Over the course of his career, Rudolf Stingel has explored the nature and definition of painting and art making. Reconfiguring notions of authenticity, meaning and context, Stingel’s diverse and multi-faceted oeuvre defies convention. Using a range of artistic processes and materials – including Styrofoam and carpet – he continually seeks to demystify the artistic process, the artist, and finally, the art object itself.
Born in 1956 in Merano, Italy, Stingel, who moved to New York City in 1987, first rose to prominence in the late 1980s for his monochrome works and the accompanying Instructions booklet (1989), which provided a guide for creating them. Bordering on the conceptual, these works played with the relationship between artist and artwork. At this time, his dedication to the practice of painting stood in stark contrast with the prevailing tendency of the art world and the commonly held belief that painting as a medium was dead.
Over the course of his career he has experimented with removing the boundaries between artworks and the spaces in which they are exhibited, covering galleries with often-ornate carpeting (most recently at the Palazzo Grassi, Venice in 2013), or with panels overlaid with malleable silver sheets. In this way, the viewer’s relationship with artworks and with exhibition spaces is radically reconfigured. Stingel also produces more traditional oil-on-canvas compositions, including a series of melancholic self-portraits. Ranging from blurred to photorealistic, they position painting as a repository of memory, mediated by time and by the artist’s subjectivity.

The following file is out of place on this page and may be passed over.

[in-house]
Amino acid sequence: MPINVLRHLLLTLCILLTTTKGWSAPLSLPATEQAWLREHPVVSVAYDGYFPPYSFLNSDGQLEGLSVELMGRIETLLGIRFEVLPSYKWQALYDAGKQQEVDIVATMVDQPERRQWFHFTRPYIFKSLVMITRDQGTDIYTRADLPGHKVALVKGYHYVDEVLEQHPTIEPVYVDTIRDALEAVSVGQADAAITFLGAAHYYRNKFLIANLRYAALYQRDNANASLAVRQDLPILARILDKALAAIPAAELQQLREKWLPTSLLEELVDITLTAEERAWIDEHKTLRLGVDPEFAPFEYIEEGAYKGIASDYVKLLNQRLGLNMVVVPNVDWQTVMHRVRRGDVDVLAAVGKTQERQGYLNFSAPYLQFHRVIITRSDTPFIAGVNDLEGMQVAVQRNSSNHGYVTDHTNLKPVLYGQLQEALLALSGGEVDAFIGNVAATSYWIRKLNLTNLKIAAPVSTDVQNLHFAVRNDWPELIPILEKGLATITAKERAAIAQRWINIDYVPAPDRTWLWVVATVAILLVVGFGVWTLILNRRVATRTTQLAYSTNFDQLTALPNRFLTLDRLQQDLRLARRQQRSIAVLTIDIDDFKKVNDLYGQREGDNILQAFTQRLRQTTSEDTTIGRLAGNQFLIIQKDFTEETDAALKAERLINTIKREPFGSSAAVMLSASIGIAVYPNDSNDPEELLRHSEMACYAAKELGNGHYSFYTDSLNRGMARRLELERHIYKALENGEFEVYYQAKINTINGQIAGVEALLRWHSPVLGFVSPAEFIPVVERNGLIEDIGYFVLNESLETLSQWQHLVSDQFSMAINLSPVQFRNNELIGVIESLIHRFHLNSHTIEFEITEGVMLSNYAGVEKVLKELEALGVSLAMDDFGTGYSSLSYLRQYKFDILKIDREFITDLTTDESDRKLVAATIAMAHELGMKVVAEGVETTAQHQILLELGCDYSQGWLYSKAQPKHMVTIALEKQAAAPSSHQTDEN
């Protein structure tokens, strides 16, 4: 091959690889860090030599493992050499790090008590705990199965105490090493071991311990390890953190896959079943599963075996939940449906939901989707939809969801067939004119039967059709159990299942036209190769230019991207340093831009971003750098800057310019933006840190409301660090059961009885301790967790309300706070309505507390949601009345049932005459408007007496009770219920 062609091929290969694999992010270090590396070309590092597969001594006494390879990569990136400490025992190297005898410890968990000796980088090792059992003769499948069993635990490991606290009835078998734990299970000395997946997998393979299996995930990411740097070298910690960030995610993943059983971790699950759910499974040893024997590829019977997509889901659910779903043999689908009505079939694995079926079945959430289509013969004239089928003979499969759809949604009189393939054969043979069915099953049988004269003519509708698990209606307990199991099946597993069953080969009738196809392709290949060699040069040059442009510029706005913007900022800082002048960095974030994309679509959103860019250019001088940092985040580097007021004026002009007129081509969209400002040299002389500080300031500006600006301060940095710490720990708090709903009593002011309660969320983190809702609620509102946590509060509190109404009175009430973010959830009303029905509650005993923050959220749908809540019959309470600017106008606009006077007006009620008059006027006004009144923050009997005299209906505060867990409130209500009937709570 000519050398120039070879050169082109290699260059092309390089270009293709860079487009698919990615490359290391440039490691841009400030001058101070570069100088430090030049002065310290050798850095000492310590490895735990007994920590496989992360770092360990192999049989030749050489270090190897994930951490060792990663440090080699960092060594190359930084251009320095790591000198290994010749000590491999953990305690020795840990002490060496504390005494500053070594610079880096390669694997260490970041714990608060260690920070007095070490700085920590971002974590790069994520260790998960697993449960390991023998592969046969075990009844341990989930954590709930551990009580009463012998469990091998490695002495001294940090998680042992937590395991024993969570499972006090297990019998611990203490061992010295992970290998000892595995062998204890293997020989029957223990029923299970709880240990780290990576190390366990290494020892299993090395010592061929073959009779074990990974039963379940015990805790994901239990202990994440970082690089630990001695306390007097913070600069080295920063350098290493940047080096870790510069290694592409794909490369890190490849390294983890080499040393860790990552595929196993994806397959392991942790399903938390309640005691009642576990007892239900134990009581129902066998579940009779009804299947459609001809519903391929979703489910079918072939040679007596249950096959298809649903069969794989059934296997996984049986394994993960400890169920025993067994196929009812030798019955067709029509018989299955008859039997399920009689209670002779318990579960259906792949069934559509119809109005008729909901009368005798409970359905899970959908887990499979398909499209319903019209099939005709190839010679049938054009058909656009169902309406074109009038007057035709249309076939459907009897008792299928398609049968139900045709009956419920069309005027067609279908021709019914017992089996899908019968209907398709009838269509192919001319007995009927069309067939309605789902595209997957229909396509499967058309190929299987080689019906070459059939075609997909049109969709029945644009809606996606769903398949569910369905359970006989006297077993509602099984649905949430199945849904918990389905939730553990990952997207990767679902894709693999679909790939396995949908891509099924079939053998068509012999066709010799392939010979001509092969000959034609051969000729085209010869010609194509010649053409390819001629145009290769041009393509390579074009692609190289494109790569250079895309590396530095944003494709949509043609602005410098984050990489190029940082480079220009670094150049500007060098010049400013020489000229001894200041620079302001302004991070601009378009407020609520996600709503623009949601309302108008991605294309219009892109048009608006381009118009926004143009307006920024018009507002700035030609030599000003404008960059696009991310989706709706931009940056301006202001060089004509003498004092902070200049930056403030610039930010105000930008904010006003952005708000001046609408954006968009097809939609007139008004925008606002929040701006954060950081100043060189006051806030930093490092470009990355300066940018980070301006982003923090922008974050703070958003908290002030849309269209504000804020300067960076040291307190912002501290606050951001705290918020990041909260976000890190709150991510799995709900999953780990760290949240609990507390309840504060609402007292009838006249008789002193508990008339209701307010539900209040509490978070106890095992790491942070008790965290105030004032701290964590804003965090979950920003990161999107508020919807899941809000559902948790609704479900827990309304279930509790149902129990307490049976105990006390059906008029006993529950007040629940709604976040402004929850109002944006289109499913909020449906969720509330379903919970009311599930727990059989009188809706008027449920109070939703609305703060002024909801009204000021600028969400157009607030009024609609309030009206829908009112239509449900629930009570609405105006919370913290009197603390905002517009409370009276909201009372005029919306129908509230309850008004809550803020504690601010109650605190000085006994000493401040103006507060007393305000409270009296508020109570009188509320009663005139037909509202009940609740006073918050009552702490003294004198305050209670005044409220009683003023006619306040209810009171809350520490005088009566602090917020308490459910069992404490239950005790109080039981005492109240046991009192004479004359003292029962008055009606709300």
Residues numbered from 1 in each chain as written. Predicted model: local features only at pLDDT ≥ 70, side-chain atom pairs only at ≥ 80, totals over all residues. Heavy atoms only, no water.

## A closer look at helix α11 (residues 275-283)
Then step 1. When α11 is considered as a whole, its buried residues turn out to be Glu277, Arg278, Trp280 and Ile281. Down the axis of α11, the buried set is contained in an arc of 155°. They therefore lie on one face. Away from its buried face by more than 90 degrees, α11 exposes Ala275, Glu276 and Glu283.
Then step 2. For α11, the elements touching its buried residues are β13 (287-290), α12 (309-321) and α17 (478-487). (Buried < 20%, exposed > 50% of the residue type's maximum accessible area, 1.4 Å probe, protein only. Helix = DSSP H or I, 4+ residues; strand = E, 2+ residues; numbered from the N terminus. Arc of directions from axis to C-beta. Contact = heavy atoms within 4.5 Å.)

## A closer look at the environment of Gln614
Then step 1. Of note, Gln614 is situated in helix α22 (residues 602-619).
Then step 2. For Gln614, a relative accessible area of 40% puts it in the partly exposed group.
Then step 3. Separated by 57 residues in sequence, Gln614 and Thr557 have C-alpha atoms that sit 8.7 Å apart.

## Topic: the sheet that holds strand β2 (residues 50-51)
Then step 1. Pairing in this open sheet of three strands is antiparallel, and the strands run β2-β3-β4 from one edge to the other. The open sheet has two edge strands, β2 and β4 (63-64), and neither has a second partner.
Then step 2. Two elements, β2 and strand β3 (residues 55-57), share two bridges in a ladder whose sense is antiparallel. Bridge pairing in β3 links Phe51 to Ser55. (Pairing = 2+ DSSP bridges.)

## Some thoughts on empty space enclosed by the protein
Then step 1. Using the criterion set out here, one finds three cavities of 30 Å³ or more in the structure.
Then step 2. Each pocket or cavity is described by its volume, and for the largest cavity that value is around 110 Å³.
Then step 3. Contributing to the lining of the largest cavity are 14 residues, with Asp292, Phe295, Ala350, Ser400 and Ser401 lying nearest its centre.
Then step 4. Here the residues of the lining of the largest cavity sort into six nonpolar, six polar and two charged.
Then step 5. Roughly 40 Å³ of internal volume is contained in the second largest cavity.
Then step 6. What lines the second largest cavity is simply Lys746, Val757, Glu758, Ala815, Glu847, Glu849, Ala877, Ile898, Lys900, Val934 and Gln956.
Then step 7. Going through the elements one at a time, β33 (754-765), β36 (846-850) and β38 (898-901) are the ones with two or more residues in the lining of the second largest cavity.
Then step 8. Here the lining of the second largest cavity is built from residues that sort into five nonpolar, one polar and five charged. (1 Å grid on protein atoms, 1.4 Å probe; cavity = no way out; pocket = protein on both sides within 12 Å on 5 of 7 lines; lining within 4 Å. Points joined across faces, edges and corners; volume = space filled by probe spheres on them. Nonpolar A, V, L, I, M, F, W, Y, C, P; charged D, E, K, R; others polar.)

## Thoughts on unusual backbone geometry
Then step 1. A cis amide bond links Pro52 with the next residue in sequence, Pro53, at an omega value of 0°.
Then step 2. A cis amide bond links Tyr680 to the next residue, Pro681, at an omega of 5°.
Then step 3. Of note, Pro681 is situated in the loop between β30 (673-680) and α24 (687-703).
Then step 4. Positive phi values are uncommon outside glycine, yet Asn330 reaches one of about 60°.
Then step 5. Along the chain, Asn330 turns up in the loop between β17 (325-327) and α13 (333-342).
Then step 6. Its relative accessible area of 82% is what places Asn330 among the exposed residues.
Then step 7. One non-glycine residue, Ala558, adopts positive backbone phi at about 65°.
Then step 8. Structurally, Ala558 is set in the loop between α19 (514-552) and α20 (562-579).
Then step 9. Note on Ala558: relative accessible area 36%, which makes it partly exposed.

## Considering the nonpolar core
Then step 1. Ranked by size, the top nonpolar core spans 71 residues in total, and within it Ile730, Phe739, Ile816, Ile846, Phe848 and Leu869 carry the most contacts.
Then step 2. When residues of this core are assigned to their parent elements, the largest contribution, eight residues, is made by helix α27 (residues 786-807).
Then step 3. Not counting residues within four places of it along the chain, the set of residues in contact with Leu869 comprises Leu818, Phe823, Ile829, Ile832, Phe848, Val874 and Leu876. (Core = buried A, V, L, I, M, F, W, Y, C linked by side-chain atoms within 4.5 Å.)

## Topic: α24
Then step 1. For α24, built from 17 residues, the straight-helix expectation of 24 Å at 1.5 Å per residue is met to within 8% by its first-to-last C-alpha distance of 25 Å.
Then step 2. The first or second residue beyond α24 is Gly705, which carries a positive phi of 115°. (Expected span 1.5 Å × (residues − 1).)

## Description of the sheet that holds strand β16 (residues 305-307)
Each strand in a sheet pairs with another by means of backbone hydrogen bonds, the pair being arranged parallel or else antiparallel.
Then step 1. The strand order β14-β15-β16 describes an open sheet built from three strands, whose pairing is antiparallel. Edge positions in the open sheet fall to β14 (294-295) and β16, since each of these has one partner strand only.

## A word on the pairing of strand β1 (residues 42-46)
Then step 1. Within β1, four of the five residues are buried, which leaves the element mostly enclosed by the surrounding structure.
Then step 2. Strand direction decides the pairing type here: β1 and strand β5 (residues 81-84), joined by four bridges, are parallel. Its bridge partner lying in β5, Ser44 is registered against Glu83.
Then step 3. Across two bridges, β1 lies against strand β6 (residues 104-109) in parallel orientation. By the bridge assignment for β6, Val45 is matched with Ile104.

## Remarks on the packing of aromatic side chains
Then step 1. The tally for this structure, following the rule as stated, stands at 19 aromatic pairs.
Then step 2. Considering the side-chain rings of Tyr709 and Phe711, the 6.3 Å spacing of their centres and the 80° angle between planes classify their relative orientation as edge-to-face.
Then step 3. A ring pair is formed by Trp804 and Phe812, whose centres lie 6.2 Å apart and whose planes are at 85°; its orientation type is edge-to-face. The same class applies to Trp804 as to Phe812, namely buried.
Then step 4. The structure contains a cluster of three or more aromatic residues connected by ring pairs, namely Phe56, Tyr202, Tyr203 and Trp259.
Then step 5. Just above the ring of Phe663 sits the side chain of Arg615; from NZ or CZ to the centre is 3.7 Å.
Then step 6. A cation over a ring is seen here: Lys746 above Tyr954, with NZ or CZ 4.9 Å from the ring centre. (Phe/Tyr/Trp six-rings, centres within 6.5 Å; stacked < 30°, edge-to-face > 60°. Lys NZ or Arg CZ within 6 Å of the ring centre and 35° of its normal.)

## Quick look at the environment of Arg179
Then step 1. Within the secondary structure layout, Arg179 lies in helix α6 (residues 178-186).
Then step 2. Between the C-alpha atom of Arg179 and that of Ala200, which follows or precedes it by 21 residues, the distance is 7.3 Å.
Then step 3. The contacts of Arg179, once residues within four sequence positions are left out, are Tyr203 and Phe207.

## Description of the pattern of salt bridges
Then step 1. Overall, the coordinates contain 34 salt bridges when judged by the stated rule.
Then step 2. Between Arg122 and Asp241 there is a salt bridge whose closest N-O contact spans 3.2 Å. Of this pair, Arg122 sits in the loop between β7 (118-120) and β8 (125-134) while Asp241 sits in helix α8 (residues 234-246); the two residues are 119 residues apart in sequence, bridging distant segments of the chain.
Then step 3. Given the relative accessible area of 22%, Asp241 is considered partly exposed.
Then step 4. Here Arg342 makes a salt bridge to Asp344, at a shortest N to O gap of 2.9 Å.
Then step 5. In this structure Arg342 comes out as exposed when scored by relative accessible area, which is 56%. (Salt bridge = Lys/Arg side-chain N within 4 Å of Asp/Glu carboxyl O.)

In both 1999 and 2003, Stingel participated in the Venice Biennale. In 2004, he covered Vanderbilt Hall in New York’s Grand Central Terminal, with carpet in a work entitled Plan B. Stingel’s work was shown in a mid-career retrospective at the Museum of Contemporary Art, Chicago and the Whitney Museum of American Art, New York in 2007.
Today, his art can be found in renowned museum collections including the Museum of Modern Art, New York; Whitney Museum of American Art, New York; Art Institute of Chicago; The Broad, Los Angeles; Tate Modern, London, and the Saatchi Gallery, London.
Rudolf Stingel lives and works in New York and Merano, Italy.